Regarding the integrity of his calculations. He says of the mass of an electron (equation 45): "Unfortunately, this interesting prescription is significantly outside the very small experimental standard error of 170 ppb by a factor of 3470." So, he has the integrity to point out his theory's shortcomings.

His equation 18 gives the mass of the Higgs so simply that it reminds me of formula for Planck dimensions. Thus even if his theory is incorrect; this formula seems to be pointing to a theoretically interesting particle.

Search yields little about him; he is fringe; but knowledgable and with integrity.

"Okay, before we get into speculating, the short answer is maybe. "

I thought the whole point of this was to be able to do "maybe!" ;)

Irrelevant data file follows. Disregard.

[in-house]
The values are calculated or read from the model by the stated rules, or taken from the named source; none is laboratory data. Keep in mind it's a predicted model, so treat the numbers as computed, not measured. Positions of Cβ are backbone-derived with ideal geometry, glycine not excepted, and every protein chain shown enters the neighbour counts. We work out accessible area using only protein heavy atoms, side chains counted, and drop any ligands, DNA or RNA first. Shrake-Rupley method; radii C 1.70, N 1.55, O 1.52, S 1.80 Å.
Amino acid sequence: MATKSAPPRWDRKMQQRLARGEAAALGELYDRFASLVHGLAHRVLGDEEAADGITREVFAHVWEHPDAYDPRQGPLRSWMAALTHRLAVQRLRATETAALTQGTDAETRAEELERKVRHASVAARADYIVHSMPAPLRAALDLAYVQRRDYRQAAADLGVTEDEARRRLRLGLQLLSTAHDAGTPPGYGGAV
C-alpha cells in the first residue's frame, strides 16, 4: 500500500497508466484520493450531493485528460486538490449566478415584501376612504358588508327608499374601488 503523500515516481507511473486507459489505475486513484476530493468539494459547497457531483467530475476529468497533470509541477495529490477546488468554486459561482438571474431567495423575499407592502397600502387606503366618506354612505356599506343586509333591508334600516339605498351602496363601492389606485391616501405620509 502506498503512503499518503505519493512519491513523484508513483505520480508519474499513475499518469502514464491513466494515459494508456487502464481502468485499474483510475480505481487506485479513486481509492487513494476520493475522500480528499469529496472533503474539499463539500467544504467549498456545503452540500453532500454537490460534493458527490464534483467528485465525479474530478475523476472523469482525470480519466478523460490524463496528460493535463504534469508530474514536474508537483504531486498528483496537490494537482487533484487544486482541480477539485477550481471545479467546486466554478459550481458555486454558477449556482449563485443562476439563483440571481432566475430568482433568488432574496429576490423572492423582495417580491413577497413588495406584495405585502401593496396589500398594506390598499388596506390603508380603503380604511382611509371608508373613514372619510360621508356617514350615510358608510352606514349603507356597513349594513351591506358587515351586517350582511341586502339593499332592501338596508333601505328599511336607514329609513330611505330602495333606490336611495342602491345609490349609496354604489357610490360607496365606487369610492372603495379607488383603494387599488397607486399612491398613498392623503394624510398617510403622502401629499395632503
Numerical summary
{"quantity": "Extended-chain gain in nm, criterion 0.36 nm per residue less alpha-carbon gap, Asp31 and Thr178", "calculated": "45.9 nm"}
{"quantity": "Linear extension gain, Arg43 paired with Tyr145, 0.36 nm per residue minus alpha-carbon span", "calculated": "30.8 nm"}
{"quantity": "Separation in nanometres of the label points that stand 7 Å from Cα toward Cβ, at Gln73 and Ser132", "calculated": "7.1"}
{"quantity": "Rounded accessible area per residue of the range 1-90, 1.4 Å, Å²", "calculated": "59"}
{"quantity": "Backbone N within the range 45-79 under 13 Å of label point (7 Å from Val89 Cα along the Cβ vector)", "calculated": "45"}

To Vicki (#16)
no - what I am saying is the Higgs mechanism per SM is not well understood and may not be one particle, but a Higgs sector (per A. Lisi). Of course, this it is TBD.

To Knightly (#17)
Your reference to the error bars on eq. 45 is not related to the Higgs calculation, but to the conjecture of simple Fine Structure relationship to e ,which I agree (and point out) is very speculative. Eq. 18 (and indeed, my entire UoM) is based on the precise experimental measure of e.

I'm putting my money on this being a desperate PR gambit. They probably get blips like this every now and then, and they decided to publicize the hell out of this one in a last ditch effort to keep Tevatron operating.

Not that I blame them! Sure, the LHC will be able to do things Tevatron can't, but you can collect twice as much data within Tevatron's capabilities if you keep it open. And as to cost-benefit, well... the amount of money spent in Iraq in ONE DAY would keep Tevatron open for EIGHT YEARS.